The case of the disappearing teaspoons

by Kieran Healy on May 23, 2010

Morning and Afternoon Tea are the twin social hubs of Australian academia, so it’s only natural that a disturbing tearoom phenomenon would be noticed, investigated and subsequently published in the British Medical Journal: The case of the disappearing teaspoons: longitudinal cohort study of the displacement of teaspoons in an Australian research institute.

Objectives To determine the overall rate of loss of workplace teaspoons and whether attrition and displacement are correlated with the relative value of the teaspoons or type of tearoom. Design Longitudinal cohort study. Setting Research institute employing about 140 people. Subjects 70 discreetly numbered teaspoons placed in tearooms around the institute and observed weekly over five months. Main outcome measures Incidence of teaspoon loss per 100 teaspoon years and teaspoon half life.

Results 56 (80%) of the 70 teaspoons disappeared during the study. The half life of the teaspoons was 81 days. The half life of teaspoons in communal tearooms (42 days) was significantly shorter than for those in rooms associated with particular research groups (77 days). The rate of loss was not influenced by the teaspoons’ value. The incidence of teaspoon loss over the period of observation was 360.62 per 100 teaspoon years. At this rate, an estimated 250 teaspoons would need to be purchased annually to maintain a practical institute-wide population of 70 teaspoons.

Conclusions The loss of workplace teaspoons was rapid, showing that their availability, and hence office culture in general, is constantly threatened.

Follow the link and scroll down for the long correspondence that followed. Notable contributions include “Teabags and forks are confounding factors“, “Communism and Biros“, “Global Implications, Impending Catastrophe“, and “Could teaspoons be the larvae of some unrecognised adult?



Henry 05.23.10 at 2:03 pm

No! No! No! As any fule kno, _safety pins_ are “the larval form of coathangers”:, which then pupate into bicycles. Whether one can combine Davidson with O’Brien to test the surmise that bicycles then metamorphose into human beings (and vice versa), is a question that pataphysical researchers have yet properly to investigate.

As an aside – I wonder whether the commenter hypothesizing about the larval form is drawing directly from Davidson’s short story, or, as I suspect, from the urban myth that it gave rise to (there is a short discussion of this myth in the intro to the story in the “Avram Davidson Treasury”: ).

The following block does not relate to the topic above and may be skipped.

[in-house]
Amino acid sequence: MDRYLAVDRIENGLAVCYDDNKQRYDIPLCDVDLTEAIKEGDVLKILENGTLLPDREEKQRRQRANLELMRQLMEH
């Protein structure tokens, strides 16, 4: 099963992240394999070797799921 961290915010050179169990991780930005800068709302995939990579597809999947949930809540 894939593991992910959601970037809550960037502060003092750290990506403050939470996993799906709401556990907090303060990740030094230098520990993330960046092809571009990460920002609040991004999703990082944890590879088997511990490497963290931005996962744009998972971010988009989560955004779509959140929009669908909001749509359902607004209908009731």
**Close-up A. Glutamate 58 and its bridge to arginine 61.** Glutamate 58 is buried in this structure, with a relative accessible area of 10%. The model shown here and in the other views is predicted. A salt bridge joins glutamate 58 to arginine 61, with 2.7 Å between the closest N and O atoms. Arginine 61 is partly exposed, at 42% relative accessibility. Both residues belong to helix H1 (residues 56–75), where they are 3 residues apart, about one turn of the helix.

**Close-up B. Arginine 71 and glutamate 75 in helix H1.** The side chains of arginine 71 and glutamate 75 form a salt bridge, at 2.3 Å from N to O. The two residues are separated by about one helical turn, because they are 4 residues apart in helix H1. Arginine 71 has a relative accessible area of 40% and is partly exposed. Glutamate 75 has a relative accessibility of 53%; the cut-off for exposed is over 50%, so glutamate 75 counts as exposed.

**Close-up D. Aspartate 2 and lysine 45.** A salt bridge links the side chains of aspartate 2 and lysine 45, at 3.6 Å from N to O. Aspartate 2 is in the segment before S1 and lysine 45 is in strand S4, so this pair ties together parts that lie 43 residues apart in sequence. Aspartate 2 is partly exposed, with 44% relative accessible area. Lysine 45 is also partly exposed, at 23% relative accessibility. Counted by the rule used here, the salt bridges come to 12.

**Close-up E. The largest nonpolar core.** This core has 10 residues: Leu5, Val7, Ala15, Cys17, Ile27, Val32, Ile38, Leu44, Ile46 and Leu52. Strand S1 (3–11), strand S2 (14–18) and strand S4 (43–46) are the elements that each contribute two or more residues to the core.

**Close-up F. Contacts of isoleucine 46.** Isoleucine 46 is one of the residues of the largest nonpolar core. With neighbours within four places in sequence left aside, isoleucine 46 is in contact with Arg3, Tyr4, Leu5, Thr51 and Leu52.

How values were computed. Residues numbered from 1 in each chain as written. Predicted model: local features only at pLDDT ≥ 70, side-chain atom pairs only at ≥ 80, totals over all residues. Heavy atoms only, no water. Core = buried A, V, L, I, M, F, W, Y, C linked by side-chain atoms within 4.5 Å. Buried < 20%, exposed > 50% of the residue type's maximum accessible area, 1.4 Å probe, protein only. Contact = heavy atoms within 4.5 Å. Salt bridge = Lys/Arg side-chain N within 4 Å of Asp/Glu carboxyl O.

George Berger 05.23.10 at 3:12 pm

My favorite item was the Bic Pen. When I quit academia I had a year’s. supply. Of course that’s only because those pens are so lousy that they either leak out or freeze up and refuse to function.


Substance McGravitas 05.23.10 at 3:26 pm

I was responsible for a lot of missing pens. I worked with someone like this.


Neil 05.23.10 at 7:58 pm

Morning and Afternoon Tea long disappeared from Australian universities with the exception of ANU. The time for social rituals long ago went the way of the teaspoons.


Omega Centauri 05.23.10 at 8:48 pm

I recall when I quit my first job after a year. I brought a whole box of pens that had migrated home with me back in. I don’t think they needed to get anymore for months afterwards.


BillCinSD 05.23.10 at 11:50 pm

Does Zaphod Beeblebrox also have a second hand teaspoon business?


John Quiggin 05.24.10 at 1:32 am

Neil is correct that morning and afternoon tea are gone on OZ. But, at least in happy institutions like UQ, they have been replaced by Continuous Coffee. Our building has a rooftop coffee shop (rated best on campus!) to cater to those of us on 6-doppio-a-day habits.

There would be at least a dozen on campus, plus strategically located coffee stands to allow recharge on cross-campus trips. Alas, the spoons problem remains unsolved.


Craig U. 05.24.10 at 4:34 am

Thanks for this, Kieran. I’m having a hard time deciding whether this article belongs in my syllabus for Introduction to Statistics next year or Methods of Empirical Research. I suppose I could use it for both.


Ginger Yellow 05.24.10 at 9:11 am

I don’t really understand the missing teaspoon phenomenon – which is definitely observable in my office. When I use a spoon I rinse it and put it back. What does everyone else do? I should understand it, though, because I tend to lose about one pen a day.


belle le triste 05.24.10 at 9:41 am

If we worked together all the pens would be discovered in my fluffy green pencil case, GY: I am world’s worst at this.

Father Brown tackles the issue


Dru 05.24.10 at 11:51 am

I recall the story of a canteen (or perhaps it was a British Restaurant) during the war, whose cutlery was forever disappearing. So they charged a deposit for it, and shortly found that they had a rapidly-increasing pile of cutlery.


roac 05.24.10 at 3:03 pm

All I know about Australian academia I learned quite recently from reading this book.

(After he wrote it, the author moved as far from Australia as he could get and still teach at a university.)

I don’t remember anything in it about teaspoons. But I just thought I’d mention it.


floopmeister 05.25.10 at 7:27 am

Have any been turning up bent in half and blackened on the bottom side? Staff members been nodding off in those interminable departmental meetings?

Just saying…

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